By Julia-Ambra Verlaine
No one said replacing the London interbank offered rate would be
easy, but many regulators and investors contend the cumbersome
process remains on track despite setbacks including the global
Deeply rooted in markets after decades and linked to trillions
of dollars of financial products, Libor is slated for replacement
by the end of 2021. Policy makers and regulators moved to scrap the
benchmark after concluding it was balky and prone to manipulation,
as exposed by a 2012 scandal that led to convictions for some
traders and penalties for numerous banks.
If the transition doesn't go as planned, it could leave everyone
worse off. Consumers could end up on the hook for increased
payments on credit-card loans and other borrowings, while small
businesses could face higher fixed rates for loans. About $190
trillion of interest-rate derivatives and $3.4 trillion of business
loans are tied to the rate.
Bankers and others in the market for short-term lending say a
number of developments this year give them confidence that they can
manage Libor's demise and the transition to alternative lending
A Federal Reserve committee of regulators, banks and asset
managers chose the Secured Overnight Financing Rate, or SOFR, as
the official replacement.
The Alternative Reference Rates Committee, consisting of major
banks, insurers and asset managers alongside the New York Fed, have
been rallying derivatives investors and users of Libor to be ready
for the end. Fannie Mae and Freddie Mac have said they would stop
accepting adjustable-rate mortgages tied to Libor by the end of
2020. Banks are spending millions of dollars and mobilizing
everyone from lawyers to trading-floor staff.
But efforts were put on ice for more than a month as financial
institutions grappled with tumbling stocks, margin calls and
clients racing for cash as the coronavirus sent markets into a
tailspin prompting unprecedented action by the Fed.
The temporary breakdown of U.S. Treasury markets in March led
some to question the stability of SOFR, which is based on the cost
of transactions in the market for overnight repurchase agreements,
or repos. That is where financial companies borrow cash overnight
using U.S. government debt as collateral.
SOFR dropped to 0.26% on March 16 before doubling the next day,
only to fall again. Moves that week reminded investors of
volatility last September, when SOFR surged above 5% because of
idiosyncratic strains in the repo market.
"There is a growing consensus that SOFR as a replacement for
Libor doesn't really work," said Scott Shay, co-founder of New
York-based Signature Bank.
Smaller and midsize banks are favoring another benchmark:
Ameribor. Established by Richard Sandor, a key player in the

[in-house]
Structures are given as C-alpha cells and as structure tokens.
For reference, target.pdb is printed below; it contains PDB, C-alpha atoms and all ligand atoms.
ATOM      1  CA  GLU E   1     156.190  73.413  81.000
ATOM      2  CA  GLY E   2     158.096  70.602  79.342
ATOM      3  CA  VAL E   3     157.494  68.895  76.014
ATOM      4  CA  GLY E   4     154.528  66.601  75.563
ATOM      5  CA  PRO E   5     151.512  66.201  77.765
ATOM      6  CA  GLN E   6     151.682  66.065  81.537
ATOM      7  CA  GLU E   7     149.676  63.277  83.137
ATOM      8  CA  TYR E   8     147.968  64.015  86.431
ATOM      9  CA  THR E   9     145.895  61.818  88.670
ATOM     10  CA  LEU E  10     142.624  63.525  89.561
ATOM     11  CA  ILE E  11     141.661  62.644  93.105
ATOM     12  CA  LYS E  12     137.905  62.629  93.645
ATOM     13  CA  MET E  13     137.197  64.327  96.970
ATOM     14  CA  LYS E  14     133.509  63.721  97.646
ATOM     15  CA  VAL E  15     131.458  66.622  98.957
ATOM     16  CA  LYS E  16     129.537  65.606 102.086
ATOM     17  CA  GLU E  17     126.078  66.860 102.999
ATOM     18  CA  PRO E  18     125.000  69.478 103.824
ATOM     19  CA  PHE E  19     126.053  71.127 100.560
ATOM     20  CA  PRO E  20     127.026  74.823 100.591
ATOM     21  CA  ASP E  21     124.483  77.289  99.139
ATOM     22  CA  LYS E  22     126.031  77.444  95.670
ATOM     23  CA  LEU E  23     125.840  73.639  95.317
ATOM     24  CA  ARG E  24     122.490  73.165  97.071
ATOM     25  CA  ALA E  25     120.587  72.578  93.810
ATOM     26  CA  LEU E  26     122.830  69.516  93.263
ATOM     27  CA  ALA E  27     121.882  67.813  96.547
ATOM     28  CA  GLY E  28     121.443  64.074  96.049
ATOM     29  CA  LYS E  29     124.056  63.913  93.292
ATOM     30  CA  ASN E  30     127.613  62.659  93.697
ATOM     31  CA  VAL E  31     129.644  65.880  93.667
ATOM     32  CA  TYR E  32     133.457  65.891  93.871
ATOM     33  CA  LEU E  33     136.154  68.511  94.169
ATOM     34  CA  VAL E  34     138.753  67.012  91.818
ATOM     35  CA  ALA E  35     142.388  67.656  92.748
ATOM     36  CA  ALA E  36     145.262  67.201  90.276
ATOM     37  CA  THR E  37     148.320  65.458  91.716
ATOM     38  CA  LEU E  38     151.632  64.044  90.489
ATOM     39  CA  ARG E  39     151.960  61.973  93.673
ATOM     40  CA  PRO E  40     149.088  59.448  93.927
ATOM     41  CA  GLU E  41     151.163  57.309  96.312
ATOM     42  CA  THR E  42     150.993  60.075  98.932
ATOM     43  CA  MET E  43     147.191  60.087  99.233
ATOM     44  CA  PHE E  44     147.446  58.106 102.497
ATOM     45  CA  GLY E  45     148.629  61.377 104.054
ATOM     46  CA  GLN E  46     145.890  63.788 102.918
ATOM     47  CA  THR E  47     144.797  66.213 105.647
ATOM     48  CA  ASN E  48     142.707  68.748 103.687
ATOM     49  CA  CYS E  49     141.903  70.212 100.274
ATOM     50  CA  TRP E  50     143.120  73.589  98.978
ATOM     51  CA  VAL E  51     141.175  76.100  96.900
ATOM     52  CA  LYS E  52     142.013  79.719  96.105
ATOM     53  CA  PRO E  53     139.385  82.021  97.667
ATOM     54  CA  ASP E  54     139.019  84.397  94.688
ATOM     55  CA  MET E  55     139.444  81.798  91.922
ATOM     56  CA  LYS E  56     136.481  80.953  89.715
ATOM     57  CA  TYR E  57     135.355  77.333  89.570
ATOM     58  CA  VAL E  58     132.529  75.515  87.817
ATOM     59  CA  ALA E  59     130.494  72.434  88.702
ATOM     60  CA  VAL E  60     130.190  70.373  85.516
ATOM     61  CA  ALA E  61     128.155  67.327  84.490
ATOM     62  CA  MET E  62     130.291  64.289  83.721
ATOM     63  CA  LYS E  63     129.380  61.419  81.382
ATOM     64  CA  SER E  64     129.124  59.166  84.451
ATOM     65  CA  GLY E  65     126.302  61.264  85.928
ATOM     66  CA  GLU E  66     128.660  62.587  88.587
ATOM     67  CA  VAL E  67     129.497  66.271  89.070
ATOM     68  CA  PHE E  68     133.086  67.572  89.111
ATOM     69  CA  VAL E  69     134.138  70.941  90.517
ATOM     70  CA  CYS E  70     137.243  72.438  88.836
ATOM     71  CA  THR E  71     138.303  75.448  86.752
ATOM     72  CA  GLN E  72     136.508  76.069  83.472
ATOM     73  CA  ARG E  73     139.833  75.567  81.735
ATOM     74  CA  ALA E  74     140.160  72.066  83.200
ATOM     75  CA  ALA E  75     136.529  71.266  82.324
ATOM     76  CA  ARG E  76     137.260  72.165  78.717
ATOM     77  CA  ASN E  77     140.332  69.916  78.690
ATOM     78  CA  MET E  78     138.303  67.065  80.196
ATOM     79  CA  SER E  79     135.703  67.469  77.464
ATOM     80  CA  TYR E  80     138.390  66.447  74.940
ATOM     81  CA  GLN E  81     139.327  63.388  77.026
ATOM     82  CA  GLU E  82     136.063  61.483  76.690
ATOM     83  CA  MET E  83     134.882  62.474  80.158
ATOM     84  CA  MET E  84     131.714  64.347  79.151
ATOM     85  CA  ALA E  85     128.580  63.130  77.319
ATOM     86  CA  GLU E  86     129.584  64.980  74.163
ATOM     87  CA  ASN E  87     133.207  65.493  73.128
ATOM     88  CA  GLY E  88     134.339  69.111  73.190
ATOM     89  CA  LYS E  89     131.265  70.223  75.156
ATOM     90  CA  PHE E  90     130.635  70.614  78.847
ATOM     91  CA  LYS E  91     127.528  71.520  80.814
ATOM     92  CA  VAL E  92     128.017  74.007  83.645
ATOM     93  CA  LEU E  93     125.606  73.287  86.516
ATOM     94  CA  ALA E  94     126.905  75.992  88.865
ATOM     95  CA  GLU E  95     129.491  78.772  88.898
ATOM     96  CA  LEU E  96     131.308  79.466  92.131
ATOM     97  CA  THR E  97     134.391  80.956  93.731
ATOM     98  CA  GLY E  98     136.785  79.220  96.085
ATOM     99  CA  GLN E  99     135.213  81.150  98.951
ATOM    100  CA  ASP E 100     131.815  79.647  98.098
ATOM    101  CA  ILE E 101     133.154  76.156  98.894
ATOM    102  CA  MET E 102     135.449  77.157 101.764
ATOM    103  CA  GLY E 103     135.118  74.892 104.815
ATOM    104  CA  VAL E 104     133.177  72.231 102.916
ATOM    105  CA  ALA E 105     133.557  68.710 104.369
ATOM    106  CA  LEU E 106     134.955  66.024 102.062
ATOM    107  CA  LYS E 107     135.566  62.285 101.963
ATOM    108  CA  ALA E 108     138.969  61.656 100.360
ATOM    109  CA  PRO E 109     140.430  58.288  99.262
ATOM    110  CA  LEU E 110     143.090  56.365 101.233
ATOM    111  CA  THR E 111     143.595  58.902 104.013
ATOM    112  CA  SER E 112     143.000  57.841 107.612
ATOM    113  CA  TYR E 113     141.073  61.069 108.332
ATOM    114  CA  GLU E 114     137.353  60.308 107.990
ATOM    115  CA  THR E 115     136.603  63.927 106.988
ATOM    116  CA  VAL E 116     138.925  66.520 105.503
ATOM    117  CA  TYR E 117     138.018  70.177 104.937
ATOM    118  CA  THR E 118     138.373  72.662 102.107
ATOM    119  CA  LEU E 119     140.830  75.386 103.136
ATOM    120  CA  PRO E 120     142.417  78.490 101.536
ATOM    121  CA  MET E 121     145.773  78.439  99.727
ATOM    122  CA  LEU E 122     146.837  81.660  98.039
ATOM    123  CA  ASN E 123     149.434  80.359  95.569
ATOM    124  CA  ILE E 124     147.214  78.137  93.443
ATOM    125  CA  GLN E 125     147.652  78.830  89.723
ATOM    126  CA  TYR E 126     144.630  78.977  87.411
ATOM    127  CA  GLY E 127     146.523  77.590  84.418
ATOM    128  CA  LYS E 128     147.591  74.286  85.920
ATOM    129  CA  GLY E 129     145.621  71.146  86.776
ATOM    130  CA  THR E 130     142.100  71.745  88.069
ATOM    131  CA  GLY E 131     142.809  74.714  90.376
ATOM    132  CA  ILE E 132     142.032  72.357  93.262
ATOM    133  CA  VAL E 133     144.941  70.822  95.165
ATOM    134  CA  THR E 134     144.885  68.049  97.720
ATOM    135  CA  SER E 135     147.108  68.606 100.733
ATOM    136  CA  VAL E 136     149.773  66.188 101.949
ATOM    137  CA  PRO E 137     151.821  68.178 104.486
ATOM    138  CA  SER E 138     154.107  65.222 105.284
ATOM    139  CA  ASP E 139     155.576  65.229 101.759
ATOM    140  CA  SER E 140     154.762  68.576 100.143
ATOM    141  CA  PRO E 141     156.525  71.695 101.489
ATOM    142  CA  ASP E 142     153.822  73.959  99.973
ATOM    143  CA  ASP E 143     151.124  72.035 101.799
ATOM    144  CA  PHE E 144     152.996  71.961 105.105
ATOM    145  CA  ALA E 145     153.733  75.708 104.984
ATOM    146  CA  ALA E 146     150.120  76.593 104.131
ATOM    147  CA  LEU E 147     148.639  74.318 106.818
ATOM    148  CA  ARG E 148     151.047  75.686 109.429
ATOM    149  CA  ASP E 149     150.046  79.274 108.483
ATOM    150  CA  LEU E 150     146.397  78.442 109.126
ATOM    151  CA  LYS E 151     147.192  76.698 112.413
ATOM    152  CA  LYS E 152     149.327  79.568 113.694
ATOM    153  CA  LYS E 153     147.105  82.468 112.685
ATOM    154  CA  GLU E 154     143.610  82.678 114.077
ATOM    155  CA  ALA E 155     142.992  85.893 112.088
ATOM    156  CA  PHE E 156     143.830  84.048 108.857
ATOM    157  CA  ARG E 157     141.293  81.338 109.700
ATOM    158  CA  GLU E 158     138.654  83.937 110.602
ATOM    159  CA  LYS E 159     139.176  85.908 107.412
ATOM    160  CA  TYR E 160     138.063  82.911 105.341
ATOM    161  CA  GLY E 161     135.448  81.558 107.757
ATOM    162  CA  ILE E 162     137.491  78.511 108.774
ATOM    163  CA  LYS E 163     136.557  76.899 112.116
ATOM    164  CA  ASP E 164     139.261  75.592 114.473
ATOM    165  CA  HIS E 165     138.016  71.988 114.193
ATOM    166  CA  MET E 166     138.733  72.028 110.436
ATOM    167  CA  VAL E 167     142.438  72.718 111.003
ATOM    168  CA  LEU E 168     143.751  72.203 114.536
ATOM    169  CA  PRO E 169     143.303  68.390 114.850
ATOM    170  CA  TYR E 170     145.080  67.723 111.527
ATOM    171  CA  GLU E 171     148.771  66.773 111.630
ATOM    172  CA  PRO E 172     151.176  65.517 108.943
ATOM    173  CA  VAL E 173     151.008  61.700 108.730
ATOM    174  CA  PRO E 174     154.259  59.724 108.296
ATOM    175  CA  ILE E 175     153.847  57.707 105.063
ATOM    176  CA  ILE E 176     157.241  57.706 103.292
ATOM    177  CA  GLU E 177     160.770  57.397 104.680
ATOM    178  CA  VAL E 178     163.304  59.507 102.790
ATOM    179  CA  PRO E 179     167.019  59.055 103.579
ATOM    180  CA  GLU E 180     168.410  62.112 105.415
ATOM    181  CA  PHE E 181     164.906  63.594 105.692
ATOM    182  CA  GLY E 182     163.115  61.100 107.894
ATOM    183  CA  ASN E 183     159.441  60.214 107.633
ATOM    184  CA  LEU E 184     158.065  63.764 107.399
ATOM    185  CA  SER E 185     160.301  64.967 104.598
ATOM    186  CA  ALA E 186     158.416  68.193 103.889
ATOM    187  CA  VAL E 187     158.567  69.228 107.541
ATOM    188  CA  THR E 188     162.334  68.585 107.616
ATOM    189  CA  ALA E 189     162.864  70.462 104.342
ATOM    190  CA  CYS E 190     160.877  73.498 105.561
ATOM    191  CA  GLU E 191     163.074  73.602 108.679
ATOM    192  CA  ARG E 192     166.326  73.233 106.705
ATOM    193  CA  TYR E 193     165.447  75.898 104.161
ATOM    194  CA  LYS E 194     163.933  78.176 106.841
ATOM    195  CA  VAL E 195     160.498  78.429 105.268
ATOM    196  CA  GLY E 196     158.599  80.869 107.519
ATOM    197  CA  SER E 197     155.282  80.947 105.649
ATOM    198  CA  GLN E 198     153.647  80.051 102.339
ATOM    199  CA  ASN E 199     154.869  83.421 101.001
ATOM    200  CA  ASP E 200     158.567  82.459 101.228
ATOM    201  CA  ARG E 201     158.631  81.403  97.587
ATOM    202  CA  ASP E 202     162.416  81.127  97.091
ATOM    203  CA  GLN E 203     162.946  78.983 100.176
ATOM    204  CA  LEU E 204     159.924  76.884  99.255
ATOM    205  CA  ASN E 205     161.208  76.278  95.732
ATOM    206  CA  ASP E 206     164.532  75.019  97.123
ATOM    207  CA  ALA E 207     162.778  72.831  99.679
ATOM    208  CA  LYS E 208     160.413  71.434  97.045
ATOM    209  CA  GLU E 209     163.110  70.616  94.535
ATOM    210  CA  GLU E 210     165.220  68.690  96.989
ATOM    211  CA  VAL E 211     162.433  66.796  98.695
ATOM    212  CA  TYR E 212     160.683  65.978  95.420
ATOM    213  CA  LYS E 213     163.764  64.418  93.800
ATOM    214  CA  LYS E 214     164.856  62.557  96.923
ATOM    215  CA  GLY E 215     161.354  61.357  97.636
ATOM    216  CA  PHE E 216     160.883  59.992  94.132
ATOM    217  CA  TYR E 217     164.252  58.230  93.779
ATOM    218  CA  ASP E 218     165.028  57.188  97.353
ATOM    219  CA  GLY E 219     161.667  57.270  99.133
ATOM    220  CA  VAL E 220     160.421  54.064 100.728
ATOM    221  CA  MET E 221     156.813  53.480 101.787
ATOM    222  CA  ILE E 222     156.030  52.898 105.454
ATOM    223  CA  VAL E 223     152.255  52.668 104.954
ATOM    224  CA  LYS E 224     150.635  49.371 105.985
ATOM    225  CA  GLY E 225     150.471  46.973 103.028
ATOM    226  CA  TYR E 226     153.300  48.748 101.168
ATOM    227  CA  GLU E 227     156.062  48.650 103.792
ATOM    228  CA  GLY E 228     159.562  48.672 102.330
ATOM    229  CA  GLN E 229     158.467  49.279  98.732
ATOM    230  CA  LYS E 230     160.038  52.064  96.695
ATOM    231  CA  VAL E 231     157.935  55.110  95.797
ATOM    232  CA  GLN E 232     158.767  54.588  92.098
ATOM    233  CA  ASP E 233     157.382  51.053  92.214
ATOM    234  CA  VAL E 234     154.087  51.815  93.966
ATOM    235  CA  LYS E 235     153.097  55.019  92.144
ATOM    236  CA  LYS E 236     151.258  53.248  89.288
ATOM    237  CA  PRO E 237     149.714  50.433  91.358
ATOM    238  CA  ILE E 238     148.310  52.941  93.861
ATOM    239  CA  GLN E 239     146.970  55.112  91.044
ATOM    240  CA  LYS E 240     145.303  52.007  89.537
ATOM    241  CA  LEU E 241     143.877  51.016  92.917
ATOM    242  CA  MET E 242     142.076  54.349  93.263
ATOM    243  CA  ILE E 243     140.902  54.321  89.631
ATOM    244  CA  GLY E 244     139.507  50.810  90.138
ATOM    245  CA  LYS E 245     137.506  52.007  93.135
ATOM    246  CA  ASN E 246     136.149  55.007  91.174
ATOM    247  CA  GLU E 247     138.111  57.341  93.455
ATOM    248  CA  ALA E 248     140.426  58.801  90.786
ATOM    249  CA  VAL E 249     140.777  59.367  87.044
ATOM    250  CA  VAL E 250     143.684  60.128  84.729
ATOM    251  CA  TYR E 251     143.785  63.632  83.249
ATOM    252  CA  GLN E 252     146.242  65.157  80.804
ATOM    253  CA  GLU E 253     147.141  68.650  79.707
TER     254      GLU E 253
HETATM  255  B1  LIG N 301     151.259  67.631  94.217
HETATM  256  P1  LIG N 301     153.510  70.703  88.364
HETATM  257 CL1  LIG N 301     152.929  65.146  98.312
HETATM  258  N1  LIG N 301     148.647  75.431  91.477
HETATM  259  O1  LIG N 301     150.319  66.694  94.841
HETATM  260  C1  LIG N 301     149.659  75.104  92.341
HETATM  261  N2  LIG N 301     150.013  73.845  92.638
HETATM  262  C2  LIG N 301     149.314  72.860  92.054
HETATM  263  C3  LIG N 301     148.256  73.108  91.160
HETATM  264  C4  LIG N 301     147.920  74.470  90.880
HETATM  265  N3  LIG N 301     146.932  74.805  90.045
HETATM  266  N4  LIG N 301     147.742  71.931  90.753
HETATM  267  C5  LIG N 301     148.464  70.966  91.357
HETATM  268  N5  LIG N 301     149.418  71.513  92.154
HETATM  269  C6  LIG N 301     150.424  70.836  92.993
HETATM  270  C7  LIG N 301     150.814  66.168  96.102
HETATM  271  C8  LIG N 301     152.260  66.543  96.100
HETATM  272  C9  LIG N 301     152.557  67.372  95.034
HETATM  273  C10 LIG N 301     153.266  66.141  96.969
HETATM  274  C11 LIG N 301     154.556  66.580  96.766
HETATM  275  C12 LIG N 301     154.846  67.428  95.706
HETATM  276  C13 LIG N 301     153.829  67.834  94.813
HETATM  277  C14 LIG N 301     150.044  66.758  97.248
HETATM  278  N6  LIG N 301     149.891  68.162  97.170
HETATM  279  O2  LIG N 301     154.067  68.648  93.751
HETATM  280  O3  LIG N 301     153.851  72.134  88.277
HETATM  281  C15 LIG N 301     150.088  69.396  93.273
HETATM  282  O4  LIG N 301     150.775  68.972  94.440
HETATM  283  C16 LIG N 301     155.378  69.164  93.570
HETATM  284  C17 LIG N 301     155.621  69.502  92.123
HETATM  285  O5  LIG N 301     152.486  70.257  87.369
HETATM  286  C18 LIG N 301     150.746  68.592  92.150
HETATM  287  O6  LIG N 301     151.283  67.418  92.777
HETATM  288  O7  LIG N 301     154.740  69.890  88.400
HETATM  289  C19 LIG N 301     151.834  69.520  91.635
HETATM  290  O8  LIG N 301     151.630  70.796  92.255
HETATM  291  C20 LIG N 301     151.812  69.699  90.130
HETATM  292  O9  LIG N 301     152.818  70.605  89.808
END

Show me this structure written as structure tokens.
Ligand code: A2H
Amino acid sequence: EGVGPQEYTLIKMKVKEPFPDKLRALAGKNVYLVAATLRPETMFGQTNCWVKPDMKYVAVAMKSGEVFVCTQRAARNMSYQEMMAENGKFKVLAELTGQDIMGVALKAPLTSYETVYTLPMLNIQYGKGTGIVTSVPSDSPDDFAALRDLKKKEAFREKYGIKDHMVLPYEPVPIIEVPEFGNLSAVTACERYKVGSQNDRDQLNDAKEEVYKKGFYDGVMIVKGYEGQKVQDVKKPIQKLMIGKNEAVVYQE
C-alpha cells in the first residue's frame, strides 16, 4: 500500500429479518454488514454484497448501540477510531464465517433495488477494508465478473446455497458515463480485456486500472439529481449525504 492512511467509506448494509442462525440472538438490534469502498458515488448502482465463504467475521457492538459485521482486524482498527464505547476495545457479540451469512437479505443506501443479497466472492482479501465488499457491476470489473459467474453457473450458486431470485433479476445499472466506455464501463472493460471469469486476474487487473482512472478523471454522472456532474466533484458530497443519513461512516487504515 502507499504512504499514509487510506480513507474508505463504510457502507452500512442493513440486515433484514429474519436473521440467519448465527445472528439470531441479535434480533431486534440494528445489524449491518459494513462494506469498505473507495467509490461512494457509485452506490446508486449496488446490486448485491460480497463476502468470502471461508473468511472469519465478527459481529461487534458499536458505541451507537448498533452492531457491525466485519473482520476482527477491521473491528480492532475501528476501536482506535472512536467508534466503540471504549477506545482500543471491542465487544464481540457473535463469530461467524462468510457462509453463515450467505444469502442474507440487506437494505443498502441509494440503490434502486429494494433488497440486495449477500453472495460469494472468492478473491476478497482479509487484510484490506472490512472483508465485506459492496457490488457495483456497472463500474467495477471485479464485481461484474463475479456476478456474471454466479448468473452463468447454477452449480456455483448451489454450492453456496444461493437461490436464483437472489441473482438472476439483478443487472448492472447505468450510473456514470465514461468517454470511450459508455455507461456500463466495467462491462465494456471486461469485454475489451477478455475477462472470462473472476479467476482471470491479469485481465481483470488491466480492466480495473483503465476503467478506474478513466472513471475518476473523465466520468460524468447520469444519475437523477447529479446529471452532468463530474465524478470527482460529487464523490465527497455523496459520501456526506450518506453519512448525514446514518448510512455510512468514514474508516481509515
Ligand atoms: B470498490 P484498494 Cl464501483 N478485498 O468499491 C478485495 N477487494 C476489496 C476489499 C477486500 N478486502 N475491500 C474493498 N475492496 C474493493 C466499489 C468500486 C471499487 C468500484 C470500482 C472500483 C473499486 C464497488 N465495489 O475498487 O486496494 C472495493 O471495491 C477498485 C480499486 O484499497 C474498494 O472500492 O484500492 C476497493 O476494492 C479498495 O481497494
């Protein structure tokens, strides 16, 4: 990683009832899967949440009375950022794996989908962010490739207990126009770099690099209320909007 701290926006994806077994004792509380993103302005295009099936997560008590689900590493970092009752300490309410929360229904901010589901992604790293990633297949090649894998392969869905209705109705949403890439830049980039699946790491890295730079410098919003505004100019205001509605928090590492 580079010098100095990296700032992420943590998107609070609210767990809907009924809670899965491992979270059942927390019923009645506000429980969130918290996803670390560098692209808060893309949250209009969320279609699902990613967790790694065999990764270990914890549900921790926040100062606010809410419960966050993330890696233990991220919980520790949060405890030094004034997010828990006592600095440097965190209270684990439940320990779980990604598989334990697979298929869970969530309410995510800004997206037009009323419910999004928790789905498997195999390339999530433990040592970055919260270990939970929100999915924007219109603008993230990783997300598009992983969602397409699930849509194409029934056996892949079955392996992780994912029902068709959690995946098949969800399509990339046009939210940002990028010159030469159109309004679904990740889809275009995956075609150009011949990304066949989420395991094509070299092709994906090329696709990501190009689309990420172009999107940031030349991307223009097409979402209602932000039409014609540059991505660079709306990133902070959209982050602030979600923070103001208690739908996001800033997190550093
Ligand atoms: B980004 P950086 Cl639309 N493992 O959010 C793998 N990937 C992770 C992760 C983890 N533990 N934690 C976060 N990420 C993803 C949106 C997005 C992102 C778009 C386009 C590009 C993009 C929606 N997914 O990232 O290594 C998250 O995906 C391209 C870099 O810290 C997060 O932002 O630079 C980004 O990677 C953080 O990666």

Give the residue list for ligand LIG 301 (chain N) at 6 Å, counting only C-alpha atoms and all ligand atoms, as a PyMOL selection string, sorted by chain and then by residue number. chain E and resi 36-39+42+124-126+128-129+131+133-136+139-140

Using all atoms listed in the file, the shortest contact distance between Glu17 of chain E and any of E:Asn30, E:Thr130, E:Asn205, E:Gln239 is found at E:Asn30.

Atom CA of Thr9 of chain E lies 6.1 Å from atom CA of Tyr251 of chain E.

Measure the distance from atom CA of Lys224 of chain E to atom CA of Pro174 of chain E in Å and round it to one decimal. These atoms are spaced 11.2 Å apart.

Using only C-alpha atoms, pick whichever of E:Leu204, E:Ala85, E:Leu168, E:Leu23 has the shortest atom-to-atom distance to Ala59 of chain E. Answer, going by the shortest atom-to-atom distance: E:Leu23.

creation of futures markets in the 1970s, Ameribor is based on
rates set on the American Financial Exchange, which he founded.
Smaller banks say Ameribor reflects the cost of funds in trading
in financial markets for banks that aren't among the Fed's
exclusive counterparties -- also known as primary dealers.
Some wonder whether the deadline for the transition away from
Libor will be pushed back. Investment-bank analysts and salespeople
estimate that only a quarter of clients are ready for the benchmark
"I think Libor will go away, but will everybody be ready for it
in 18 months?" said Paul Noring, managing director at BRG, a
consulting firm in Washington, D.C.
Tom Wipf, a vice chairman at Morgan Stanley who is chairman of
the Alternative Reference Rates Committee, said that the move to
SOFR was on track and that the committee was able to double the
number of virtual meetings -- with travel schedules restrained by
lockdowns related to the pandemic -- to get the job done.
He said policy makers weren't pleased with Libor's volatility
during the March stress period, underscoring the need to make the
transition in a timely manner.
"All the concerns that got us here in the first place were
revealed again during that period of market stress," said Mr.
The U.K. regulator in charge of overseeing Libor made it clear a
deadline extension was out of the question. Edwin Schooling Latter,
a senior regulator at the Financial Conduct Authority, said in July
that Libor's death notice wouldn't be pushed back by the impact of
"The four to six months ahead of us are arguably the most
critical period in the transition away from Libor," Mr. Latter said
in a speech.
Josh Younger, head of interest-rate derivative research at
JPMorgan Chase & Co., said investors and asset managers saw
significant risks of a delay until U.K. officials came up with a
solution in June to overcome one of the biggest hurdles blocking a
smooth transition away from Libor: so-called tough legacy
These include floating-rate notes that require bondholders to
agree on a new reference rate, which is a nearly impossible task,
according to lawyers at companies advising banks and clients.
To avoid litigation, the U.K. government said in June it would
amend the rulebook, handing the FCA, the benchmark's overseer, the
power to craft what some call a "zombie-type" Libor that could
exist for certain legacy contracts.
"Dealing with tough legacy contracts potentially accelerates the
time frame over which this transition can happen," Mr. Younger
Write to Julia-Ambra Verlaine at Julia.Verlaine@wsj.com
(END) Dow Jones Newswires
August 14, 2020 08:03 ET (12:03 GMT)
Copyright (c) 2020 Dow Jones & Company, Inc.
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